You play the part of an aircraft pilot employed to ferry urgent documents around the Caribbean. Fierce winds seize the plane over the infamous triangle and you escape with your life at the last moment. As you parachute down to the island below you recognise the coastline of the Emerald Isle from an old map. It is a lonely atoll rarely visited and from which none have returned. It is said only one person may leave and that is the ruler of the land. Success can promote an explorer to King or Queen but failure is suitably unrewarding.
You start off with your parachute snagged on a branch of a mangrove tree, leaving you helplessly dangling high above the jungle floor. Escaping this ungainly (and dangerous) predicament, you fall into a mangrove maze which, thankfully, proves simple enough and resolved on a little wandering. Not far to the east you meet the first of many lengthy descriptions. ‘You are on the main square of the tree city, standing on a platform of wooden boards between which you can glimpse the twilight jungle below. Light wooden buildings surround the square and walkways lead away in many directions.’ And so the story unfolds with the ticket office kindly supplying a season ticket to take you on from the King’s palatial surroundings to the more rugged environs to the east of the island. All is dependable, plausible stuff with the odd humorous interlude to lighten the proceedings. Although few obvious puzzles demand attention, and it is very easy to wander around the countless locations, it would be imprudent to assume there is nothing to this adventure. Too many early objects or occurrences are enigmatic to believe you have the run of things (eg, the seamstress with her unfinished garments, or the many inoperative doors and barriers) and if you were to check how you’re doing, you’d be alarmed at the meagreness of your score.
The game runs smoothly, oiled by an exceptionally friendly vocabulary and a brevity that allows the first three letters of verb or noun or even just WA for WAIT for the train, and A for AGAIN until it arrives. ENT by itself has you boarding the train and merrily on your way. Other refinements become apparent with much play with the charming detail of L and R turning you left and right. The examine command is particularly helpful, giving a response when brought to bear on almost any object — EXAM TICKET gives, ‘Looks tatty. It’s valid for any one journey — just present it when you get on a train. It’s quite small.’ In general, the width of response is tremendous, all is intelligent and often witty too.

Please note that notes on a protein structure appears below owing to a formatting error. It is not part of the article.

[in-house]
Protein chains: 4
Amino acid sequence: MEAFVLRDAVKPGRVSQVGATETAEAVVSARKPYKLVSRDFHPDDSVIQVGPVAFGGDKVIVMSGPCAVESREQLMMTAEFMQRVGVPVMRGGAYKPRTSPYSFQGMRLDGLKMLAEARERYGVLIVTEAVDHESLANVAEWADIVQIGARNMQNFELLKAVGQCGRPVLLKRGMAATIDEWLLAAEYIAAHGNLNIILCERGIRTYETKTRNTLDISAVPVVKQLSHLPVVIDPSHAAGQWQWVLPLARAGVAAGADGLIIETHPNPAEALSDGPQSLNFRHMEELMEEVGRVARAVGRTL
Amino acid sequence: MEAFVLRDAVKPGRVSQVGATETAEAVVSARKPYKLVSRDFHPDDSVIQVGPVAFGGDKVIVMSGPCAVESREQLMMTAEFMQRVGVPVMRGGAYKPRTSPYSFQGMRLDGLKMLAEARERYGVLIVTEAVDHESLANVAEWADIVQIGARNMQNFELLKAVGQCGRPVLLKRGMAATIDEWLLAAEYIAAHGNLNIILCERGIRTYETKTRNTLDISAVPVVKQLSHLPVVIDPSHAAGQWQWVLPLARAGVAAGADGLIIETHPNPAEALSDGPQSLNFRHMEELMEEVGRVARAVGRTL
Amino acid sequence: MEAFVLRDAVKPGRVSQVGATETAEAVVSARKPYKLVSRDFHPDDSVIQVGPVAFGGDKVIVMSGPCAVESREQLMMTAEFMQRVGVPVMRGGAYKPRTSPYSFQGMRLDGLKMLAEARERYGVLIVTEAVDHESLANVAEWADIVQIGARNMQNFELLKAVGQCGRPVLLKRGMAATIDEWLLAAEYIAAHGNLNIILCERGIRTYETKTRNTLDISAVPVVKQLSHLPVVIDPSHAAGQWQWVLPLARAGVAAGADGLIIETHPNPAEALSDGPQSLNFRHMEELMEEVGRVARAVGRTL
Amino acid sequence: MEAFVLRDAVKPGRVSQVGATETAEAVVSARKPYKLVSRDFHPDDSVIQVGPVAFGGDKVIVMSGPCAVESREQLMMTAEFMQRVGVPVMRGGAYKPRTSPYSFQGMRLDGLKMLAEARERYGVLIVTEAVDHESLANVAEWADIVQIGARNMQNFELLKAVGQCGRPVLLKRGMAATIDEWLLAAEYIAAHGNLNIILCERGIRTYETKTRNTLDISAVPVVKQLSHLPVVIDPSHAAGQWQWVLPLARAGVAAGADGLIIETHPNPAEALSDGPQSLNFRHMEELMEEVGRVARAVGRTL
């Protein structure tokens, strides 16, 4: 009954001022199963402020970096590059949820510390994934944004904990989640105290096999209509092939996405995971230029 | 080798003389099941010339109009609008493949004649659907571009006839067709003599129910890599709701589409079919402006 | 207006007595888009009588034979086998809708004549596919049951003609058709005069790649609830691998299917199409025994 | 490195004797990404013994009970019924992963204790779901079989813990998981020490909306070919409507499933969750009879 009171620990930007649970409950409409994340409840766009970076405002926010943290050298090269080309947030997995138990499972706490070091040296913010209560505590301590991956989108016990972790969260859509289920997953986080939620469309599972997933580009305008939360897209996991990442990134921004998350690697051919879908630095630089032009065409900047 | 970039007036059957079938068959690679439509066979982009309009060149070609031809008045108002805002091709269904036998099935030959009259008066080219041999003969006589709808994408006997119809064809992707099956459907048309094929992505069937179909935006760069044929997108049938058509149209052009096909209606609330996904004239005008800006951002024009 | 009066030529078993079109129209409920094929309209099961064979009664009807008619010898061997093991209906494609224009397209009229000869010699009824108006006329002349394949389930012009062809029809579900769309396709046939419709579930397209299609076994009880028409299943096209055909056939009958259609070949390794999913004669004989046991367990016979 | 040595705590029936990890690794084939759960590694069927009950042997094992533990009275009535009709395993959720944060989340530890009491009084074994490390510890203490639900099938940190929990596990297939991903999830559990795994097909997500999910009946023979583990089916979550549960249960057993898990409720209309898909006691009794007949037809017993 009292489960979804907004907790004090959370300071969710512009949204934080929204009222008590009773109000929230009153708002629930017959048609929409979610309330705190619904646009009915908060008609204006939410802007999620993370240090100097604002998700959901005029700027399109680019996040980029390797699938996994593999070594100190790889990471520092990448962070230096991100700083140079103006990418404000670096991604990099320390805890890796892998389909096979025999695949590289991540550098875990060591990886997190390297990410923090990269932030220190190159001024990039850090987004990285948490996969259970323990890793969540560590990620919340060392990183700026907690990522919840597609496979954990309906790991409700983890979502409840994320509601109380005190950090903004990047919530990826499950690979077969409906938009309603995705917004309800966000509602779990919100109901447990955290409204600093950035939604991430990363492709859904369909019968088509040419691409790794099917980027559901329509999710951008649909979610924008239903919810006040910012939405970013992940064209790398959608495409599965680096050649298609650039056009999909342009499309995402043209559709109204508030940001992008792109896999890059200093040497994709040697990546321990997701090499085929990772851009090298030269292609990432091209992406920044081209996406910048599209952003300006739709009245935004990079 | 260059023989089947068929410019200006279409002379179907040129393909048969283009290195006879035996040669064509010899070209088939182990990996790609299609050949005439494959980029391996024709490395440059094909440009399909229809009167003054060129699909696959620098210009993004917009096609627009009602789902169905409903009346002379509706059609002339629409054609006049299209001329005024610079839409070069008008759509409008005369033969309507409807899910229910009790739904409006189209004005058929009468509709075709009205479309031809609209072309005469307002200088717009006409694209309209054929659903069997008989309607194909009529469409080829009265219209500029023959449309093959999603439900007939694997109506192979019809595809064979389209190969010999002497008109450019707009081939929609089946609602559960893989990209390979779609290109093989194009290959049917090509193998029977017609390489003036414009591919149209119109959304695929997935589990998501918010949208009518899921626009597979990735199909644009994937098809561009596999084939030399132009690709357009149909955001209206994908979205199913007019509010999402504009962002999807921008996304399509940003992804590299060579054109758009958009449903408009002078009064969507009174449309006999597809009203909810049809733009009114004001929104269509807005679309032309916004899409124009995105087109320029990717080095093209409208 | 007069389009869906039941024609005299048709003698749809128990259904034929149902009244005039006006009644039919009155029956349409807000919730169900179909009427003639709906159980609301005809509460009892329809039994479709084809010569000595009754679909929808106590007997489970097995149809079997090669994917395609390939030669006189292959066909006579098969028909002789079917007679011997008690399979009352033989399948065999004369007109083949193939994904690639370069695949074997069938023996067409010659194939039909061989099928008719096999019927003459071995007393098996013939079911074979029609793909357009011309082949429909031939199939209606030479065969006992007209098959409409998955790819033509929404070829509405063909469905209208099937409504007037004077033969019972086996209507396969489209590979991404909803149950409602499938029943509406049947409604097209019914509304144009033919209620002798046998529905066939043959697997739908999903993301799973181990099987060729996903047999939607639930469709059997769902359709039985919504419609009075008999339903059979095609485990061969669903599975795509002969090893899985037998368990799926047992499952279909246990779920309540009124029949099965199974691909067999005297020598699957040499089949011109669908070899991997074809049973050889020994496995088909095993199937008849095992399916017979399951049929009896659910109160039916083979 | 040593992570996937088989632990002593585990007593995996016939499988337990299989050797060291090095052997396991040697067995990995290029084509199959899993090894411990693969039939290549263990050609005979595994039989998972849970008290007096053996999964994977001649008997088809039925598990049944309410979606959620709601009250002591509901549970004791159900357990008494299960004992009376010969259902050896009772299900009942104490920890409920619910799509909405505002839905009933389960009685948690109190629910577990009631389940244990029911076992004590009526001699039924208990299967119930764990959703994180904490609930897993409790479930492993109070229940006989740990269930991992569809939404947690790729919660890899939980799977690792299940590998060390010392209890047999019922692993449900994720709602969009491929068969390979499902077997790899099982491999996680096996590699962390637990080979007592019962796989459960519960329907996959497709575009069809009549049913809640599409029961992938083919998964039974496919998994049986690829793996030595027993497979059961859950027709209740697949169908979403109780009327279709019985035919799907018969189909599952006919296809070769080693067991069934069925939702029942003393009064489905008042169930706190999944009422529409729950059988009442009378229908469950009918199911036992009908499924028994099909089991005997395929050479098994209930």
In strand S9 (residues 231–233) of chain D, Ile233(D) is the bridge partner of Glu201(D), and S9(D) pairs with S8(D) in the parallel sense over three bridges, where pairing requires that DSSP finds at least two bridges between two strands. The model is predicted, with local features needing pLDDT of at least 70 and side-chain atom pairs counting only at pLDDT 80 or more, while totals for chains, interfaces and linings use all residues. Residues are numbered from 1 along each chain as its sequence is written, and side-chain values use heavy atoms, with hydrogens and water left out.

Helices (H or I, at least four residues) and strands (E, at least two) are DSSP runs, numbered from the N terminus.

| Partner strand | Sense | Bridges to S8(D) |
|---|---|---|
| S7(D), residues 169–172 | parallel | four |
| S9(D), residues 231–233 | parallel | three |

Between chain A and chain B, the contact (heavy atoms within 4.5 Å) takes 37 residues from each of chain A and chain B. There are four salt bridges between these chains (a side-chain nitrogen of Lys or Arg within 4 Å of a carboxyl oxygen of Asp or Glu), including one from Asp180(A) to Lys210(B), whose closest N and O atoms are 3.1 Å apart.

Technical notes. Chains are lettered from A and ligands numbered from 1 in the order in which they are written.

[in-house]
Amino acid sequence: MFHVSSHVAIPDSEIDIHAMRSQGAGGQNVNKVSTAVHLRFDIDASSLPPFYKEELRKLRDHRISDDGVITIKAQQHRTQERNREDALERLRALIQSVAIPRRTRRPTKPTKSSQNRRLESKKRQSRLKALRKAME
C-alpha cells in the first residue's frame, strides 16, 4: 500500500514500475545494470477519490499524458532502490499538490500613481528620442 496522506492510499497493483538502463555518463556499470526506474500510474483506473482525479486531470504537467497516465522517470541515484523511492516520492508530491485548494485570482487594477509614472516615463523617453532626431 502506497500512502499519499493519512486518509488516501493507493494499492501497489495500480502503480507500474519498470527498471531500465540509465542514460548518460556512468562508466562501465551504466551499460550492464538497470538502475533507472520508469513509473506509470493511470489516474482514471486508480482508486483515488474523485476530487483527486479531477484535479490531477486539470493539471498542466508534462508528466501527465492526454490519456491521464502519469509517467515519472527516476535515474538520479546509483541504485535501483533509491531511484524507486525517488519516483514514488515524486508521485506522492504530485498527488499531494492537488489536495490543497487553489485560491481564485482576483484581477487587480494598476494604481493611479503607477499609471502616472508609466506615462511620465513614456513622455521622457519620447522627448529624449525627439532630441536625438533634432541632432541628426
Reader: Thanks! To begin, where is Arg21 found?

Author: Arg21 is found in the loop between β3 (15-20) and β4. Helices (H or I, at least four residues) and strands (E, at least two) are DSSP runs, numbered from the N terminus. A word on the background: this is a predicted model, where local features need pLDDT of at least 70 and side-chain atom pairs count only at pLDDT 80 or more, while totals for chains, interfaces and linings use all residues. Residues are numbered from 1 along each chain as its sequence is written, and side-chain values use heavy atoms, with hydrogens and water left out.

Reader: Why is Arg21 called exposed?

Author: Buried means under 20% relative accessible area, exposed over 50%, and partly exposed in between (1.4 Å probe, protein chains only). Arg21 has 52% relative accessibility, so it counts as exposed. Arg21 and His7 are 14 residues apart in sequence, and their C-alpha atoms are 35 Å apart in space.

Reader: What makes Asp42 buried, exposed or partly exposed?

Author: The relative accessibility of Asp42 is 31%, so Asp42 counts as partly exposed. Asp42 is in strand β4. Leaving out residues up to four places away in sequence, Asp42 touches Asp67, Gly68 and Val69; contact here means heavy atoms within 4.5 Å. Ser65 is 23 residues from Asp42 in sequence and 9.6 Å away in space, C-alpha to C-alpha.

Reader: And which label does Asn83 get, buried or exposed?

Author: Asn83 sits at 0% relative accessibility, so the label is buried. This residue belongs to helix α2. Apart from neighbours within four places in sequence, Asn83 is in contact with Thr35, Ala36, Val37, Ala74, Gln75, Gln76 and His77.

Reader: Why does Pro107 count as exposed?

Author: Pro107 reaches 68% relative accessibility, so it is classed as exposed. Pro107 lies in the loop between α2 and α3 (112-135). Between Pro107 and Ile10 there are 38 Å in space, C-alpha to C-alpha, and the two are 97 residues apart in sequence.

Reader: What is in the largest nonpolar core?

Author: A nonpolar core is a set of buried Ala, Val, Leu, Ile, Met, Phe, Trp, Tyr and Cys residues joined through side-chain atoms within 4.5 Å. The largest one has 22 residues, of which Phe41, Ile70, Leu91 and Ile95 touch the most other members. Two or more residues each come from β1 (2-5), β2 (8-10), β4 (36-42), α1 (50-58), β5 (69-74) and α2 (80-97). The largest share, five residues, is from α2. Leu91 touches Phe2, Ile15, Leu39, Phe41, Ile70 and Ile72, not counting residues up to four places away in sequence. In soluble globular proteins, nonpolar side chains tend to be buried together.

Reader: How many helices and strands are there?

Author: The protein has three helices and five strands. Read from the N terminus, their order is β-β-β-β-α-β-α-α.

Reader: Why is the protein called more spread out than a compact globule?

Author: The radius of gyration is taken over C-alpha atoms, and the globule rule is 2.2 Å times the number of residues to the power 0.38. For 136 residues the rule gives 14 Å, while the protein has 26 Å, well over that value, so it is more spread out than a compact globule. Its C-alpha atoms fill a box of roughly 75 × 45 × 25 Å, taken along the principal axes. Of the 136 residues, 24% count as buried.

The quality of the pictures varies but there are graphics at each location and many are of a very high standard. As might be expected in a game with over 200 locations, many pictures are repeated or only modified so that three or four patterns become quite familiar after playing for a while. I particularly liked the picture of the railway station which makes you feel as if you really are there. The pictures can be discarded with WORDS when progress is then made rapid, aided by a very sure input making full use of the type-ahead.
Emerald Isle is a game which takes all the best aspects of adventuring and moulds them into a huge, yet detailed story which will have you engrossed for hours. It brings a fresh friendliness to the scene as not only is the vocabulary helpful, the structure is most open and even a beginner will find progress easy, interesting and rewarding. If only more adventure houses could achieve Level 9.
Graphics: on every location, large and generally good
Input facility: verb/noun
Responsibility: instantaneous without graphics, a few seconds with graphics but you can type in while graphics are drawing
General rating: very good